Saturday, January 20, 2007

Diamond school helps miners of Sierra Leone

Babar Turay uses fake diamonds to help miners in Sierra Leone better judge the value of their gemstones. In a darkened room in the tiny village of Bandafayie, two dozen men sit discussing the four Cs of diamonds: cut, colour, clarity and carats.

They pass around shiny fake diamonds that look like novelty ice cubes, try on a jeweller's monocle and test out the terminology — "impurities" and "speculative" — that denotes a gemstone's worth.

These are not nervous grooms about to invest in a rock that will transform their girlfriends into their wives.

These are the miners who pull the world's most valuable stones from Sierra Leone's reddish ground and generally find themselves living in poverty.

"I never knew how to weigh them, how to even use the scale," said Ibrahim Jalloh, who has worked in the murky diamond mines for four years.

Most miners know nothing more about diamonds than how to watch for their milky shine while shifting and shaking their mud-spattered mining sieves.

Integrated Diamond Management Program head Babar Turay said: "If you go around to any of the mining sites right now and ask them how they determine the price, they'll tell you, 'well, we look at it and we think whether any like it have been sold in the past couple weeks and we go for that price'. They don't have the faintest idea what the price is."

Ignorance and exploitation are rife in these diamond fields, so the miners are being sent to a kind of "diamond university", to learn to fend for themselves against dealers and buyers who would otherwise cheat them.

The plight of the West African diamond miner was recently pushed into public attention with the release of the Leonardo DiCaprio film Blood Diamond, showing enslaved diggers frantically searching for stones that helped fund their captors' war.

Although the industry has launched a major offensive to convince prospective diamond buyers that the gems no longer fuel bloody conflicts, it's here where changes are needed.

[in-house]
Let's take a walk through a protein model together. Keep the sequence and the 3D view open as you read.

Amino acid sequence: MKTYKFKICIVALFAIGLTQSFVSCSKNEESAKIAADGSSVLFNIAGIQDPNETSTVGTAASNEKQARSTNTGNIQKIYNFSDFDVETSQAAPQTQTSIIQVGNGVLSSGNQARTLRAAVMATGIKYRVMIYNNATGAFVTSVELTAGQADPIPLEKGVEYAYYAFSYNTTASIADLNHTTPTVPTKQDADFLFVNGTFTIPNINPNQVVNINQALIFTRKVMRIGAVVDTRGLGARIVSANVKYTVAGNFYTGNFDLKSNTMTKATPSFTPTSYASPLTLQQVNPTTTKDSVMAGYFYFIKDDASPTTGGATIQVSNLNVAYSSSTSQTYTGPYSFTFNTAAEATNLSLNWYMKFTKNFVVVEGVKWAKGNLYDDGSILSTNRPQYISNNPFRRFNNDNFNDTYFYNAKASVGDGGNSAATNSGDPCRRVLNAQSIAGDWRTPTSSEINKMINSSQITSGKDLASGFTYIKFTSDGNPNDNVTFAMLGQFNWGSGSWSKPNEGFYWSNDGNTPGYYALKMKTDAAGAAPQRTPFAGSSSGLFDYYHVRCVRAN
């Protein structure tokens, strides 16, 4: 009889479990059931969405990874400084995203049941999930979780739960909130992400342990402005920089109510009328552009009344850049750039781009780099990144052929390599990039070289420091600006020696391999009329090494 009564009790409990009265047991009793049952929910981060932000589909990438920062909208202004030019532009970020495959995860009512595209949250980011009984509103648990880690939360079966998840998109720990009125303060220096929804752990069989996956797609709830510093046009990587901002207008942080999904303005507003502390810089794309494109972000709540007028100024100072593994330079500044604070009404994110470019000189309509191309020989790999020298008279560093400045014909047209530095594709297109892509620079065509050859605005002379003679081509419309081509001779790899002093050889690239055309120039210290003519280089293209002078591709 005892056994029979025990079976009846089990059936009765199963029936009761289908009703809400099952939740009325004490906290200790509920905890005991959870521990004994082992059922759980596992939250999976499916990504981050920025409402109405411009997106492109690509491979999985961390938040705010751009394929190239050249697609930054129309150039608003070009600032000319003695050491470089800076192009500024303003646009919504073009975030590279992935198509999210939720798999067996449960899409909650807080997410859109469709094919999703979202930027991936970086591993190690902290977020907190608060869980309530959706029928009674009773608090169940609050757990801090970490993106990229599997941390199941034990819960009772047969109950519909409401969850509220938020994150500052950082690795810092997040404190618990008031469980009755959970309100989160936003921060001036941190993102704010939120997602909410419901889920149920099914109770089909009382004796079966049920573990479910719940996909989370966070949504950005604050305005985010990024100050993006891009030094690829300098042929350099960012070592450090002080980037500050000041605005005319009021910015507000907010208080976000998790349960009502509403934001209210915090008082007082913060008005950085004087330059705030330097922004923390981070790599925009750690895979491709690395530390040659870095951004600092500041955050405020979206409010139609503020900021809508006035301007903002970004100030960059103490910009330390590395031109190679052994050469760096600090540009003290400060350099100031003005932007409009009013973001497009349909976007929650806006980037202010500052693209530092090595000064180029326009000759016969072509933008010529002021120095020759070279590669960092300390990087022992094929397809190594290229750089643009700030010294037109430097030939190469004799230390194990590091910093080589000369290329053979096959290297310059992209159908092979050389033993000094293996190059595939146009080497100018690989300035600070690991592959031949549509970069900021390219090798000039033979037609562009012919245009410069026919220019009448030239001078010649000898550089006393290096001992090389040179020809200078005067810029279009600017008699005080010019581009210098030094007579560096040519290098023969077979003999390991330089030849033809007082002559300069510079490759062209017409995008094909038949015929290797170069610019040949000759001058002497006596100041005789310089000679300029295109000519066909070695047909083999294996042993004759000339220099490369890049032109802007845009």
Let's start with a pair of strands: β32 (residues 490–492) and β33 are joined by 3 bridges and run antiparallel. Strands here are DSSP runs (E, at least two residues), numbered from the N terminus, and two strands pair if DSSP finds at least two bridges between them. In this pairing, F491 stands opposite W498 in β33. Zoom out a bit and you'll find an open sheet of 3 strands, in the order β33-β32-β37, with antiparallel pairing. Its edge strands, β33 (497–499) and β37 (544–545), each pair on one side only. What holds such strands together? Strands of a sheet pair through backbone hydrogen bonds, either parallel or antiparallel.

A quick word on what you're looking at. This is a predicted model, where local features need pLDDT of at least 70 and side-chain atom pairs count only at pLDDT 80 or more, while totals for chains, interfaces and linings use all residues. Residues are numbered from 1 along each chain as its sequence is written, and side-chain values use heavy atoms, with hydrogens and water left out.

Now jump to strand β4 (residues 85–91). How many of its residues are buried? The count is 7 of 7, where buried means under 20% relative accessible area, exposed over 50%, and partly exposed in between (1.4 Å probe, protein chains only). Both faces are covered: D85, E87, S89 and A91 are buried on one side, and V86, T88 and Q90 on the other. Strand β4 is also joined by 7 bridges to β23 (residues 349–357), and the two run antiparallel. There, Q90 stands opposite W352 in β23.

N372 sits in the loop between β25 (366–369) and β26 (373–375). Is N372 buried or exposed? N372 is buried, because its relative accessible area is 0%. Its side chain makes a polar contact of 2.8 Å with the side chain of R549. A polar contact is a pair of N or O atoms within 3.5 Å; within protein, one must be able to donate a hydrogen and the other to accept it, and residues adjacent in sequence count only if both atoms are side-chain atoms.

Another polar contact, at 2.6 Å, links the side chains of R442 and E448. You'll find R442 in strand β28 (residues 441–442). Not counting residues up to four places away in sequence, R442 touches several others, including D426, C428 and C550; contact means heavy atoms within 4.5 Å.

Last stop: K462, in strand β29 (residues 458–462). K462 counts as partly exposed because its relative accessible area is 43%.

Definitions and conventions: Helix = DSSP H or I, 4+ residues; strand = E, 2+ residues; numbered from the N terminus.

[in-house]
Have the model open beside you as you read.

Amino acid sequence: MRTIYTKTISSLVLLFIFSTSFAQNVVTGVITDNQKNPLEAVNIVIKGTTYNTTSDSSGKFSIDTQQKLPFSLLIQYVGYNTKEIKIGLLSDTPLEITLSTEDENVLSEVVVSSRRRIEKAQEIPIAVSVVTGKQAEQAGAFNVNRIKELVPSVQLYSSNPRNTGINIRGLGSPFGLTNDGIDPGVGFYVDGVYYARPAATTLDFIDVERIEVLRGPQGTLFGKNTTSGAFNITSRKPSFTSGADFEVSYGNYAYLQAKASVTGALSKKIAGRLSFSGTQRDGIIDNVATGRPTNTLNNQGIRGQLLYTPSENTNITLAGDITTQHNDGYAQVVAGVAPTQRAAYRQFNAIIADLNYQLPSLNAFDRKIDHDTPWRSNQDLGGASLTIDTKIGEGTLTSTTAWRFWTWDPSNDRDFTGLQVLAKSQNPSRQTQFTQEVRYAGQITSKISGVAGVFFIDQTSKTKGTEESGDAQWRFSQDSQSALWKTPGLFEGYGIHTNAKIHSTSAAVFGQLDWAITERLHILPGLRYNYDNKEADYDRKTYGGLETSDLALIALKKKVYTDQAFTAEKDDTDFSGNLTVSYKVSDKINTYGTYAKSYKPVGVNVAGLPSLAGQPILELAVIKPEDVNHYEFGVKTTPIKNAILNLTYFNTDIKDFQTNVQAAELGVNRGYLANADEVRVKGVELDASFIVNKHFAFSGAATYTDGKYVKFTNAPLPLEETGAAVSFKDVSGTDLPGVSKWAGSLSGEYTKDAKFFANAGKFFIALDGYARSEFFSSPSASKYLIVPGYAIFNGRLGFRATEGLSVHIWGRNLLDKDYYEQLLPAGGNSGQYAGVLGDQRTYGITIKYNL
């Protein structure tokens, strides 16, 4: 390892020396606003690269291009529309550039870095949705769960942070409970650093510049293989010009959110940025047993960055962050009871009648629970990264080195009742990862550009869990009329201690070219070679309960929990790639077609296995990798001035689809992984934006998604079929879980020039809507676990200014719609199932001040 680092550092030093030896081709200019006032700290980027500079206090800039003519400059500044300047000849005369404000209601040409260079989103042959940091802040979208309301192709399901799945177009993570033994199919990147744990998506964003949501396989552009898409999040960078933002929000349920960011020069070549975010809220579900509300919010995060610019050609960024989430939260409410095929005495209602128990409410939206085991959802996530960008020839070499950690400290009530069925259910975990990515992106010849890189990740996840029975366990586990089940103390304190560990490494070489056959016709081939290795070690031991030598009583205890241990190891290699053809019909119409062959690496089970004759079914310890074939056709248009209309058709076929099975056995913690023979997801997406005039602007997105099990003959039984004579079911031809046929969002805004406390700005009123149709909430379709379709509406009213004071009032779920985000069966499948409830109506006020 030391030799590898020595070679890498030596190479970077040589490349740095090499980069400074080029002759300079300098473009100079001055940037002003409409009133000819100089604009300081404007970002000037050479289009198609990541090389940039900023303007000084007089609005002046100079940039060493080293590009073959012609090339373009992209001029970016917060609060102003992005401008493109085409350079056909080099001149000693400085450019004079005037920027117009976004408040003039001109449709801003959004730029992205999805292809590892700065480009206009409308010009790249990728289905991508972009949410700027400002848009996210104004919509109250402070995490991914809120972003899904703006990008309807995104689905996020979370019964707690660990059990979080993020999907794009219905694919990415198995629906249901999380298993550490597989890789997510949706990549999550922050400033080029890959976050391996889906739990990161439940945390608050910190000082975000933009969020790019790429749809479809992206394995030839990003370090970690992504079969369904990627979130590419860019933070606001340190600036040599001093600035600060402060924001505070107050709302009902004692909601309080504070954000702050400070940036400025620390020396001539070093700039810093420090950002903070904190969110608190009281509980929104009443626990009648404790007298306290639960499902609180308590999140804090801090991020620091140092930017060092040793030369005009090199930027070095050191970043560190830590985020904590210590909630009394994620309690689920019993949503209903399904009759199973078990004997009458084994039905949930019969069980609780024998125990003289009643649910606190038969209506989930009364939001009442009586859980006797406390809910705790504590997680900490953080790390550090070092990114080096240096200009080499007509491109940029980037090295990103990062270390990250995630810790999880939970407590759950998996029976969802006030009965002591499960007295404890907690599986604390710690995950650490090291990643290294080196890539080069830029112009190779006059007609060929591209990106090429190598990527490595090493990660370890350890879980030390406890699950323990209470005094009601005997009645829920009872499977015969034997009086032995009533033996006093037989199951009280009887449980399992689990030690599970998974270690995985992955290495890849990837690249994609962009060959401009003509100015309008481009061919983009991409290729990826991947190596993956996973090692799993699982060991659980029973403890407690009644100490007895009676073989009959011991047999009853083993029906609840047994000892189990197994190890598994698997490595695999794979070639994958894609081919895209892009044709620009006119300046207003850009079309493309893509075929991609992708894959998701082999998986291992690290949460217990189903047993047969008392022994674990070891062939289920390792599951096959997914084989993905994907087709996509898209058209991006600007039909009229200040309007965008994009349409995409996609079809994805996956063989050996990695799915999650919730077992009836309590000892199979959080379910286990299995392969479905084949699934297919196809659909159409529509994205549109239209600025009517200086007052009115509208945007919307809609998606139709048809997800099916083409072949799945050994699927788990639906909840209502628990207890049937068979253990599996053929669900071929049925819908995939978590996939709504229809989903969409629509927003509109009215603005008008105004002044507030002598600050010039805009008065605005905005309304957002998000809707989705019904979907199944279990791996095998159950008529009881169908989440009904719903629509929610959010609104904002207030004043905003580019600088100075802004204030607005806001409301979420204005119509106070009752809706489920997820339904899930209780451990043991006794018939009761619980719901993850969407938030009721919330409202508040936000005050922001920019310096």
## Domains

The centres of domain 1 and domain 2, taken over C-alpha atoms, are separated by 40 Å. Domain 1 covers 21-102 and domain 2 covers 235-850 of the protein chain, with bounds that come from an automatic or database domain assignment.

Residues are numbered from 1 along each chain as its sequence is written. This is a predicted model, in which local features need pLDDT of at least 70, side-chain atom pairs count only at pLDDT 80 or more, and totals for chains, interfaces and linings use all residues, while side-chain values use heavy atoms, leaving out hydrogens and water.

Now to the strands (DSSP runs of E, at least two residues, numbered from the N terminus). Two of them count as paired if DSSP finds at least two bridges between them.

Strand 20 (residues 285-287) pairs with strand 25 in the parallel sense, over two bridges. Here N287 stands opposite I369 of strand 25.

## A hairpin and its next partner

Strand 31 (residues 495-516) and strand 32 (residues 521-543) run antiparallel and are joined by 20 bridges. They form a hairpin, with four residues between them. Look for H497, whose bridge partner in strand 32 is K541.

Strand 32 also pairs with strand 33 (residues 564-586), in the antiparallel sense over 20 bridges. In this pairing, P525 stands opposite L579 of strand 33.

Experts believe almost a billion carats of diamonds have been dug up from the dirt surrounding Kono, the epicentre of Sierra Leone's diamond region, since the stones were discovered in the 1930s. But there is no sign of wealth in the rough and tumble town.

Kono was the focus of the Revolutionary United Front rebels during the decade-long civil war; rivers changed routes and buildings toppled as diggers tore through the town.

Today, miners can only dig on licensed lands, which forces many Sierra Leoneans into partnership with the wealthy Lebanese diamond dealers who can afford the USD 40,000 ($A50,600) licence fee.

The agreements are often signed with an "X" and closed with a handshake. Many miners are illiterate and wouldn't understand a contract anyway. The financial arrangement means most miners feel compelled to sell their stones to their supporters, leaving them ripe for exploitation. "The supporters have better knowledge and business management and with these weapons — the finances and the know-how — they always exploit the ordinary diggers and miners," Mr Turay said.

His story illustrates the need for miner education.

A woman out planting potatoes lifted her bucket to return home and noticed a stone, which she pocketed and later presented to her pastor, wondering if it could be a diamond. He gave her 100,000 leones for it — about USD 30 — and then sold the marble-sized stone to a diamond dealer for USD 100,000. When the woman's chief got wind of it, he wanted his royalties, so he renegotiated and pushed the price up to USD 350,000. The dealer took the stone to be weighed, measured and classified by the Government Gold and Diamond Department in Freetown, where it determined the 156-carat stone was worth almost a USD 1 million.

A Saudi gem merchant bought it at auction for USD 1.2 million. "If you go to anyone, you have to have the information, otherwise you'll be cheated," Mr Turay said.

Tamba Matturie, who graduated last year from the two-week course, said he was able to negotiate a better price for a small coloured stone recently, since he finally understood the dealer's claim that the gem was "speculative". He could argue that although it had impurities on the outside, it could be a valuable jewel once cut.

Mr Jalloh, meanwhile, says he's become something of a consultant. In his isolated village, where the children are dressed in rags and the men sit idle, with nothing to do, other miners will phone to ask him to bring over his scales and size up a recent find.

"My father was a miner and he had a lot of diamonds, but because he had no knowledge of what he had, he was just throwing them away," he said.

Link to theage.com.au